On the other hand, if the above-mentioned timbre or part is found sounding, the process goes to step S93. In step S93, a channel is detected in which the musical tone waveform sample assigned to a later frame ST has not yet been generated. A frame ST1 indicates a frame following the currently sounding frame, and ST2 indicates a frame next to the frame ST1. As a result of this determination, if a channel is found in which the musical tone waveform sample to be assigned to the later frame ST has not yet been generated, the process goes to step S95. In step S95, the musical tone waveform for the later frame ST of that channel is generated. Then, the generated waveform is stored in the area of the advance synthesis buffer SB assigned to the corresponding later frame. It should be noted that this advance synthesis by arithmetic operation is performed in the same manner as the above-mentioned routine waveform synthesis processing. If the decision is NO in step S94, the later frame ST is incremented by one in step S96.

After step S95 or step S96, the process goes to step S97 to determine whether the idle time still continues. If the idle time still continues, the process goes back to step S93 to execute the above-mentioned processing. If another task has taken place and there is no idle time, the present processing comes to an end. Then, in step S31 (FIG. 4(a), the results of this idle time processing are displayed and the process goes back to step S3 to wait for a trigger to occur.

In step S5, if the trigger is found with respect to the processing not associated with musical tone generation, the process goes to step S40, in which the corresponding processing is executed. The processing includes various setting and selecting of the number of sounding channels and the number of sampling frequencies of the software sound source in response to an operator panel operation and command input by the user, and includes setting of the capacity of the output buffer equivalent to one frame and various effects. The results of these operations are displayed in step S41 and then the process goes back to step S3.

If the determination of step S5 is the input of an end command, the process goes to step S50, in which end processing is executed. Then, in step S51, the display screen for this software sound source is erased to terminate the processing for the software sound source.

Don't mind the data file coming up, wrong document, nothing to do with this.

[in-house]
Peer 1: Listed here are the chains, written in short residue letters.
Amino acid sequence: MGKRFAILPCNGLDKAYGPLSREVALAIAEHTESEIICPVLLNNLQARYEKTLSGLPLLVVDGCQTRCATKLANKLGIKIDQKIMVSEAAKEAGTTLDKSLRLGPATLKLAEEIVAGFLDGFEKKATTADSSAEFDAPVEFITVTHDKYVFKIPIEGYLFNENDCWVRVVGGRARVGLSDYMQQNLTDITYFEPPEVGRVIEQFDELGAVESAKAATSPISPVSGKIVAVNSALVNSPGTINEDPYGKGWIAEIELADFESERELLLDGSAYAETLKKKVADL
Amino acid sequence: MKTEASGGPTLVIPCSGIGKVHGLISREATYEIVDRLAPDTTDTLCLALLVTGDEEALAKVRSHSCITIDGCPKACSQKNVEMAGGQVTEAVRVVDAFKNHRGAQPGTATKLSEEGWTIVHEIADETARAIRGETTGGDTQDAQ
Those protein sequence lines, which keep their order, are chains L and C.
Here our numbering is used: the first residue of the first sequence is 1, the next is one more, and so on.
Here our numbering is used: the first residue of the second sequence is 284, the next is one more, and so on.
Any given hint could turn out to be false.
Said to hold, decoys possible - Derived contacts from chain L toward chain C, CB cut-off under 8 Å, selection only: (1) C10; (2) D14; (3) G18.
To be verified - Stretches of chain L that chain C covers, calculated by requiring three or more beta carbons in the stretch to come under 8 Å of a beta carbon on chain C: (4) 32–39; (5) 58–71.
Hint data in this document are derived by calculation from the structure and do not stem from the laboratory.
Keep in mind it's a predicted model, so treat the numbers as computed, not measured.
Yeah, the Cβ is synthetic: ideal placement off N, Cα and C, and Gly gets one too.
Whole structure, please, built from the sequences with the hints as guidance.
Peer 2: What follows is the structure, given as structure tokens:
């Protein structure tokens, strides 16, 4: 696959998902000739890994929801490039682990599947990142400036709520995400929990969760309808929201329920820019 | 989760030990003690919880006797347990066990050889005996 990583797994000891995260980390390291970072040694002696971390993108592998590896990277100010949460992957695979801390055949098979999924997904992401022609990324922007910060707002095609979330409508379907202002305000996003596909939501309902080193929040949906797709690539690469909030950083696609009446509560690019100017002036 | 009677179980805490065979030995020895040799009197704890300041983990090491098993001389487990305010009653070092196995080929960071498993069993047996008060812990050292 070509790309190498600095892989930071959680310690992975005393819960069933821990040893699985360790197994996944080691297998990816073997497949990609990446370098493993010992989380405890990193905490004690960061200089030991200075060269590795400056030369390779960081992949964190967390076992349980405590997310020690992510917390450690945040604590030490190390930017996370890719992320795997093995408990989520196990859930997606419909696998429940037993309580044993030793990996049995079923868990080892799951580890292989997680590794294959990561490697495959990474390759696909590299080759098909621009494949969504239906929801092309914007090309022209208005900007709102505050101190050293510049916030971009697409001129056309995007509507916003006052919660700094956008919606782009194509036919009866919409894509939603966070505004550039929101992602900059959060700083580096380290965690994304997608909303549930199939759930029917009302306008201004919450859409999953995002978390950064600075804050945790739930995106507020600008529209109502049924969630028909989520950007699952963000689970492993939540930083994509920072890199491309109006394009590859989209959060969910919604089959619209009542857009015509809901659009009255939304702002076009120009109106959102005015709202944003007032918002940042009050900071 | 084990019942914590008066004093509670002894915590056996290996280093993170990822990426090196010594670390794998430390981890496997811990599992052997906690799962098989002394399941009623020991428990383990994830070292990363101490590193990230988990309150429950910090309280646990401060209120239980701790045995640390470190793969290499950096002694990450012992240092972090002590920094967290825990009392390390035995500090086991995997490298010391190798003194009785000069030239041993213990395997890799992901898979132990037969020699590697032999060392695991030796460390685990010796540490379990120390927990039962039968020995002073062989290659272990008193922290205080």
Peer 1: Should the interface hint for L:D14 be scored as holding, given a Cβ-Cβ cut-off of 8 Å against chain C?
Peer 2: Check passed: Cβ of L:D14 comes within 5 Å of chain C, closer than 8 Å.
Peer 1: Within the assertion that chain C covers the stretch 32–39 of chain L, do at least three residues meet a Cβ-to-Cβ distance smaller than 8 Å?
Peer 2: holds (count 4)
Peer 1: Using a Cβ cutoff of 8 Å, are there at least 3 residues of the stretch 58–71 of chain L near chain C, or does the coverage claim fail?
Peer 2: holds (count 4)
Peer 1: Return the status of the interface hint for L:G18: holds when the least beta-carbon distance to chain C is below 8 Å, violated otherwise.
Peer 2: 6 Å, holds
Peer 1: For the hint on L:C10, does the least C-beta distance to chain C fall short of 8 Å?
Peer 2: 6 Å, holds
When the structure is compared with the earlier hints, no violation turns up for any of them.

FIG. 4 (b) shows a flowchart describing the operation of the DMAC 10. As described earlier, if a space is found in the FIFO of the CODEC 11, an interrupt is caused to the DMAC 10 to activate the same. When the DMAC 10 is activated, the process goes to step S100, in which musical tone waveform sample data is read from the DMA buffer at the address specified by the content p of a pointer register, and the read data is transferred to the above-mentioned FIFO. Then, in step S1 10, the content p of the pointer register is incremented to end this processing. Thus, every time a space occurs in the FIFO, the musical tone waveform sample data is transferred from the DMA buffer to the FIFO. According to the sampling clock generated by the sampling clock generator 12, the musical tone waveform samples are outputted from the FIFO to the DAC.

It should be noted that the constitution of the advance synthesis buffer SB is not limited to the above-mentioned constitution. It will be apparent that the advance synthesis buffer SB may take any constitution as long as the same can store the musical waveform sample generated in advance. In the present embodiment, the software interrupt caused by a MIDI event and the hardware interrupt caused by completion of one frame reproduction are the same in priority. It will be apparent that these interrupts do not necessarily have the same priority. For example, the interrupt by MIDI event may precede to the interrupt by completion of one frame reproduction. This priority setting may provides more efficient processing since the MIDI processing ends in a shorter time than the waveform synthesis processing. The temporal flows of the processing described with respect to the above-mentioned embodiment are nothing but an example. It will be apparent that arrangement of frame size, MIDI event, waveform synthesis processing, and reading for reproduction may be different from those mentioned above. In the above-mentioned embodiment, the waveform synthesis processing is activated by the interrupt caused by completion of one frame reproduction. It will be apparent that the waveform synthesis processing may also be activated automatically after the activation of the MIDI processing by the occurrence of a MIDI event. It will also be apparent that musical tone generating is not limited to the above-mentioned waveform table mode. For example, musical tone generating may be based on any of FM, physical modeling, and ADPCM (Adaptive Differential Pulse Code Modulation).